At a farmers market last summer, I overheard a woman standing in line to buy some chicken say to her companion, “Wow, this is expensive. If we had more competition around here, we’d get better prices.”
I almost blurted out that I thought she had it exactly backward, that it’s not the lack of farmers that is keeping prices high but rather it’s the lack of high prices that’s keeping farmers away. The problem, in other words, isn’t on the supply side. It’s on the demand side. Local meat is generally so expensive that few customers buy it and, consequently, few farmers produce it.
Given the stunning growth and success of farmers markets in the Upper Valley over the past decade, why is this so? Consider vegetables, by way of comparison.
No matter where you farm vegetables, you basically grow them the same way: You set your seeds or transplants in rows, you weed and fertilize and tend to the plants while they are in the ground, and then you come back and harvest the vegetables when they’re ready. You might do these activities in a garden (hand trowel, kitchen knife, wicker basket) or you might do them on a 1,000-acre farm (GPS-controlled tractor, air-conditioned cab, veggies iced and packed in the field), but fundamentally, everyone grows vegetables the same way.
This is not to say that all vegetables are alike or that the differences between organic and conventional, between compost and synthetic nitrogen, between row covers and broad-spectrum insecticides, are trivial — either to the people who eat vegetables or to the people who grow them.
But fundamentally, the production system is similar.
Local meat, on the other hand, bears little resemblance to its commercial cousin.
In the Upper Valley, meat animals spend most of their lives outside. As a farmer, you go to where the animals are, either to bring them fresh water and food or to check on their health or to move them to fresh pasture. There are many high-tech tools that help with this process — chiefly portable electric fencing and solar-powered chargers — but in the end, the animals are outside, subject to the whims of the weather and the inefficiencies inherent in a dispersed production system.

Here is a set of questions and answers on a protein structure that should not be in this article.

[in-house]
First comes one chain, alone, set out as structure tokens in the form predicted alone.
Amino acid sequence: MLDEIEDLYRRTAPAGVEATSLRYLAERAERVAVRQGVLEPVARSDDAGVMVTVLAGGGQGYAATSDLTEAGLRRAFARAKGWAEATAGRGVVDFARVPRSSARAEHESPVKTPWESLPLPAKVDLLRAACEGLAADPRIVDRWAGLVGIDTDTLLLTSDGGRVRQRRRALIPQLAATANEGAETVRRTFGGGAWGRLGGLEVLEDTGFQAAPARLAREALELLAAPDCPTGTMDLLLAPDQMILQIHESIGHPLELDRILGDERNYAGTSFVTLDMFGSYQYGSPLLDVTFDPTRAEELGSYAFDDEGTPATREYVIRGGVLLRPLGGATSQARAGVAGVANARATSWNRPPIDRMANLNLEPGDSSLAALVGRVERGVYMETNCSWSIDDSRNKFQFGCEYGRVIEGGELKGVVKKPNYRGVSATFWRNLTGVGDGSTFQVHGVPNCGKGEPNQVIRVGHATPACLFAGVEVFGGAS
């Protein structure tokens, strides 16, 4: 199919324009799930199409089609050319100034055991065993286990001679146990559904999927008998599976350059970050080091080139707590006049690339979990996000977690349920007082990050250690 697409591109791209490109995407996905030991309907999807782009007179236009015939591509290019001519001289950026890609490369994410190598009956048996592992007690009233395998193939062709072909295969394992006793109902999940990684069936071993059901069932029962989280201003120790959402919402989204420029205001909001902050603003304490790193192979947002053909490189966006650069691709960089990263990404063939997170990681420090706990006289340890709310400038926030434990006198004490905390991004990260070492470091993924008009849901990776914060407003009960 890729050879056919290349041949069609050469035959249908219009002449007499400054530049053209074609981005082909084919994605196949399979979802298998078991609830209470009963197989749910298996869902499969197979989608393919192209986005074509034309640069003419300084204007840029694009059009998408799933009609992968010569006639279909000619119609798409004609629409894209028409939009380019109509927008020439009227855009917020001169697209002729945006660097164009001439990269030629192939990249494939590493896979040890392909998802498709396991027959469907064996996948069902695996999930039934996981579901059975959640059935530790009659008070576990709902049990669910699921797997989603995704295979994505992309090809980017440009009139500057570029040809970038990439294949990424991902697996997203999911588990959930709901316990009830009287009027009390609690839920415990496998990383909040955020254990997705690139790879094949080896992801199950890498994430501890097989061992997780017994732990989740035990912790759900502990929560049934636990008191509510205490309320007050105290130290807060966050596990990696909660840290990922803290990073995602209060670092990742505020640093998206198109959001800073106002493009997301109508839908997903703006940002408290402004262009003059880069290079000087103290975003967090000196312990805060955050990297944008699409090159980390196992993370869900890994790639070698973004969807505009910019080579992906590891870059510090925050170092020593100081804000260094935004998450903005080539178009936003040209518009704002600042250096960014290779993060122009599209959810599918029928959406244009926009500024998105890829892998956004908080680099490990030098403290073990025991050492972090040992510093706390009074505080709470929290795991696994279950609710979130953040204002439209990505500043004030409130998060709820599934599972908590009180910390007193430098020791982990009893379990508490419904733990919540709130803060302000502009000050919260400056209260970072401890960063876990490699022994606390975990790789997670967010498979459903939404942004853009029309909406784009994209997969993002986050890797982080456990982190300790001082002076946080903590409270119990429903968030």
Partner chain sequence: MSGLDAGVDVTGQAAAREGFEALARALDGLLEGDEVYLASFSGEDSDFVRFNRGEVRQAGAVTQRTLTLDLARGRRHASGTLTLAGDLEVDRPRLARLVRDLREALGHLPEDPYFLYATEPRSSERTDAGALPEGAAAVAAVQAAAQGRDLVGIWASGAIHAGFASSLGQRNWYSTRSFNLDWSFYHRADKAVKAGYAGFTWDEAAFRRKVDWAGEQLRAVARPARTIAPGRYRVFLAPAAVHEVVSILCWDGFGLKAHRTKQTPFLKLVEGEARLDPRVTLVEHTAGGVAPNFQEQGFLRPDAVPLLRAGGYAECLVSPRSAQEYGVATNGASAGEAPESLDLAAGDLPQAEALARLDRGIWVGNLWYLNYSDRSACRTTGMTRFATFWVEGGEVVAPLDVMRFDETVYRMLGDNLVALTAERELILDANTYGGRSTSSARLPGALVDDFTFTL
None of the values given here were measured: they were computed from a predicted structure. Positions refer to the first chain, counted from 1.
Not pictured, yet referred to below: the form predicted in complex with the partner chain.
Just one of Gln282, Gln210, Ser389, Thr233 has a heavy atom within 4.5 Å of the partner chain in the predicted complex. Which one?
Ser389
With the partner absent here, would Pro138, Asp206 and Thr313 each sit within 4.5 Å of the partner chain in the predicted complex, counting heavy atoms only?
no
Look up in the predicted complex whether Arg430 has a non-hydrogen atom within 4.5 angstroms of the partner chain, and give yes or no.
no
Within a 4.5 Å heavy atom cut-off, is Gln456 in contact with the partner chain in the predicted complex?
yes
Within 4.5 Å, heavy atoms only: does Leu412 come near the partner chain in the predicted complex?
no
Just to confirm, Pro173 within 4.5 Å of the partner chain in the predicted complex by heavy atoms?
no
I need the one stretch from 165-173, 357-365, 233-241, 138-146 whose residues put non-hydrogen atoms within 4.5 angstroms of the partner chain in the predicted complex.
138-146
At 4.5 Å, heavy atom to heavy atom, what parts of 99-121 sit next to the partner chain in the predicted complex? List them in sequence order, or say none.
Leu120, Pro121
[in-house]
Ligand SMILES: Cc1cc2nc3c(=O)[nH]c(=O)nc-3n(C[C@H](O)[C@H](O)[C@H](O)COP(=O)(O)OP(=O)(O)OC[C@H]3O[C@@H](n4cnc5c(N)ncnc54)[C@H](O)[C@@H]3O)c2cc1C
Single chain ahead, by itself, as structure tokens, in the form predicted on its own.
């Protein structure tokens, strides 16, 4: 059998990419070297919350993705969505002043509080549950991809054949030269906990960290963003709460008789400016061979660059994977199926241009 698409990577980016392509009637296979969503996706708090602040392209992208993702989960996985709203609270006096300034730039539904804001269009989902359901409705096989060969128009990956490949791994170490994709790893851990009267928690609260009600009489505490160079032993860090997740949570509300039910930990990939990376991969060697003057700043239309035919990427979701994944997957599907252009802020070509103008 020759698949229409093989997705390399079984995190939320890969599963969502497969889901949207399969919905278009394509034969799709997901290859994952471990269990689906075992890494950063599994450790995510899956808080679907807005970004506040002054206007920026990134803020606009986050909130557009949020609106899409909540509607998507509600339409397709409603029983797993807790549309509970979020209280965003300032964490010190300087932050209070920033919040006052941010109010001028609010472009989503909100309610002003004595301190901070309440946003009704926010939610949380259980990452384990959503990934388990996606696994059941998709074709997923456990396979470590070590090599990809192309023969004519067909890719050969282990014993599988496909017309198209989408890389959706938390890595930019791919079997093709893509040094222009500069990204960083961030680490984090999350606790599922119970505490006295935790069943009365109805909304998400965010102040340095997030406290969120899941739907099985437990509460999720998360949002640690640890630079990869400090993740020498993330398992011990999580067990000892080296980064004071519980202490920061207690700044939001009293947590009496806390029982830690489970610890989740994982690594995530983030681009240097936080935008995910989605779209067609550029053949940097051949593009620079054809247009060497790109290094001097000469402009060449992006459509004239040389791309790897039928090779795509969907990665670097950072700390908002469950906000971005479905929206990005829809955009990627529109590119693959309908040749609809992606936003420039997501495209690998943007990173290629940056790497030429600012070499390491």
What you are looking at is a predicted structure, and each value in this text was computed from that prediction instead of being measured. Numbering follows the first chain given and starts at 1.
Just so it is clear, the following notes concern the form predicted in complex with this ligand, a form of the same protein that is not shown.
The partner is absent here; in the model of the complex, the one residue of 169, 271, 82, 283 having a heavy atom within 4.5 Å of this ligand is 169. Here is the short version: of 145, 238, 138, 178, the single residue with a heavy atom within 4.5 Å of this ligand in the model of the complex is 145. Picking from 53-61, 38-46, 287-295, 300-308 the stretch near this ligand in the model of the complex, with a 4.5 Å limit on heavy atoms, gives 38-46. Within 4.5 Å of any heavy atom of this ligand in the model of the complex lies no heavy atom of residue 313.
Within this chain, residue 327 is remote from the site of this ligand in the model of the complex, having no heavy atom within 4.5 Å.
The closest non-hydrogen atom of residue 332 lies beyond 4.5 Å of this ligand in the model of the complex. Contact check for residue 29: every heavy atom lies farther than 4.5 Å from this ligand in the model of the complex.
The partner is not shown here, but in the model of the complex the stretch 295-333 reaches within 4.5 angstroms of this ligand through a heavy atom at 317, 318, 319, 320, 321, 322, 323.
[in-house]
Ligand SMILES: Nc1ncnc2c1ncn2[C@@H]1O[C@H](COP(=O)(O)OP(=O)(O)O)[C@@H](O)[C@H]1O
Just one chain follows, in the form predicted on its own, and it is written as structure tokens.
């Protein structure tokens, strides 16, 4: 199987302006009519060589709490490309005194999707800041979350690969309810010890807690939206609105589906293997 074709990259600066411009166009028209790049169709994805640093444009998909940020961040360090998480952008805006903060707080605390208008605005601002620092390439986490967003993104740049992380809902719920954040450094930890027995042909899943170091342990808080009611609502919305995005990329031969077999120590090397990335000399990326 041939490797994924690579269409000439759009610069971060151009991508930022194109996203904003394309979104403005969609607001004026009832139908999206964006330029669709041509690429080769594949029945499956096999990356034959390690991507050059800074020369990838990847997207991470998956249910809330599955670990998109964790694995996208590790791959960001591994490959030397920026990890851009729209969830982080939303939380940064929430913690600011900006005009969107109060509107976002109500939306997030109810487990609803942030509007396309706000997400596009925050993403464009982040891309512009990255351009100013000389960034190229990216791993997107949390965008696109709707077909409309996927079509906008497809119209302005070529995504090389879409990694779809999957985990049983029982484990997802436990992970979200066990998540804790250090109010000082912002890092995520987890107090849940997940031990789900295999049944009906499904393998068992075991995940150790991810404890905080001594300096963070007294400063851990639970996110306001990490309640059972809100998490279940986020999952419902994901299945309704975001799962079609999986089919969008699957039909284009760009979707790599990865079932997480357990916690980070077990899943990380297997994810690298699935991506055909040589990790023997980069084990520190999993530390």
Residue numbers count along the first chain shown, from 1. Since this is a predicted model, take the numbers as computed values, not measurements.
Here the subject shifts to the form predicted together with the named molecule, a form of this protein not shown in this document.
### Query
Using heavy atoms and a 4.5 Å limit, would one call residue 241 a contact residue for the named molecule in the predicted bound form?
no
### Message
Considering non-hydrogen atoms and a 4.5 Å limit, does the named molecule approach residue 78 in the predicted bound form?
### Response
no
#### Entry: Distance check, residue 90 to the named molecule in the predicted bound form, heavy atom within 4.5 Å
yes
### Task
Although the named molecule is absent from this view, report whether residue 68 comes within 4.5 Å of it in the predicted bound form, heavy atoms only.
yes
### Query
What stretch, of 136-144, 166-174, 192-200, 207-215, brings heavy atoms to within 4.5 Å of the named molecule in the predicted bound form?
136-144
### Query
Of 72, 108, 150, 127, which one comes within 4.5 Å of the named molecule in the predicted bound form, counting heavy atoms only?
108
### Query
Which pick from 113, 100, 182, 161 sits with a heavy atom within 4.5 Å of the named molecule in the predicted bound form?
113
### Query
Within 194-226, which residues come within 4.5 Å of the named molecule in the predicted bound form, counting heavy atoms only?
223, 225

Commercial meat, meanwhile, comes primarily from inside of buildings. The animals don’t move — their feed and water are brought to them and their manure is pumped away for disposal. Ambient temperature and humidity are optimized for maximum growth; feed rations are fine-tuned without the worrisome variables of pasture quality and rainfall quantity. Slaughter often happens in the same building or in nearby facilities that are designed to efficiently handle many thousands of animals a week.
The price disparities between vegetables and meat reflects these production factors. Local vegetables might sell for twice the cost of commercial vegetables, but often they sell for more like 20 to 40 percent more, and in some cases, they may even sell for less, especially at the height of the season.
Local meat, on the other hand, never seems to sell for less than twice the commercial price, and at times it might go for three or four times more. Only people who have the financial wherewithal, and who recognize the environmental and economic benefits of a local meat economy, are likely to participate in the marketplace.
Fortunately, two factors are converging to improve the situation. The first is that our local farmers are developing new skills and techniques to bring down the cost of production.
Those large round hay bales that look like marshmallows lined up along field edges reduce winter feed costs by half and also enable some of the forage to be fermented, which has a higher nutritional value. Farmers also are experimenting with portable shelters that can be moved with the animals to fresh pasture in the summer, improving health of both pasture and animal. And finally, more farmers are co-grazing different species of animals together to reduce the cost of managing them separately.
On our farm this spring, for example, we built a “grazing hub” atop hay wagon running gear that can be towed around by truck or tractor. The hub carries 300 gallons of water, supplemental grain, a solar panel with fence charger, and all the fencing that our laying hens and feeder lambs require to graze together on our pastures. We move the hub to fresh grass twice a week, and two quick trips to the hub each day, morning and evening, allow us to check on both animal groups at the same time. We are watching to see if the savings from simplified management will more than offset the cost of building the hub.
The second factor that’s favoring local meat production is that the meat-industrial complex is facing significant challenges, including antibiotic resistance among animals, polluted estuaries that require cleanup, more frequent droughts in a changing climate, and public revulsion over the confinement and abuse of animals. Disease outbreaks alone have boosted the price of pork, chicken and eggs over the past 12 months. As the price of industrial meat rises, the spread between local and industrial meat shrinks, and local meat becomes increasingly attractive.
Rising meat prices overall might not sound like solace for the consumer, but if we ate less meat and sourced more of it locally, the local farm economy would be transformed.
I keep thinking back to the woman at the farmers market last summer. My advice to her: Keep buying local meat at the price that’s offered, and you’ll get your wish.
As demand increases, supply will follow, and competition will bring down prices. But demand has to come first.
Only when more farmers believe that the market exists will we really start investing in (and inventing) the tools and techniques required to make local meat more affordable.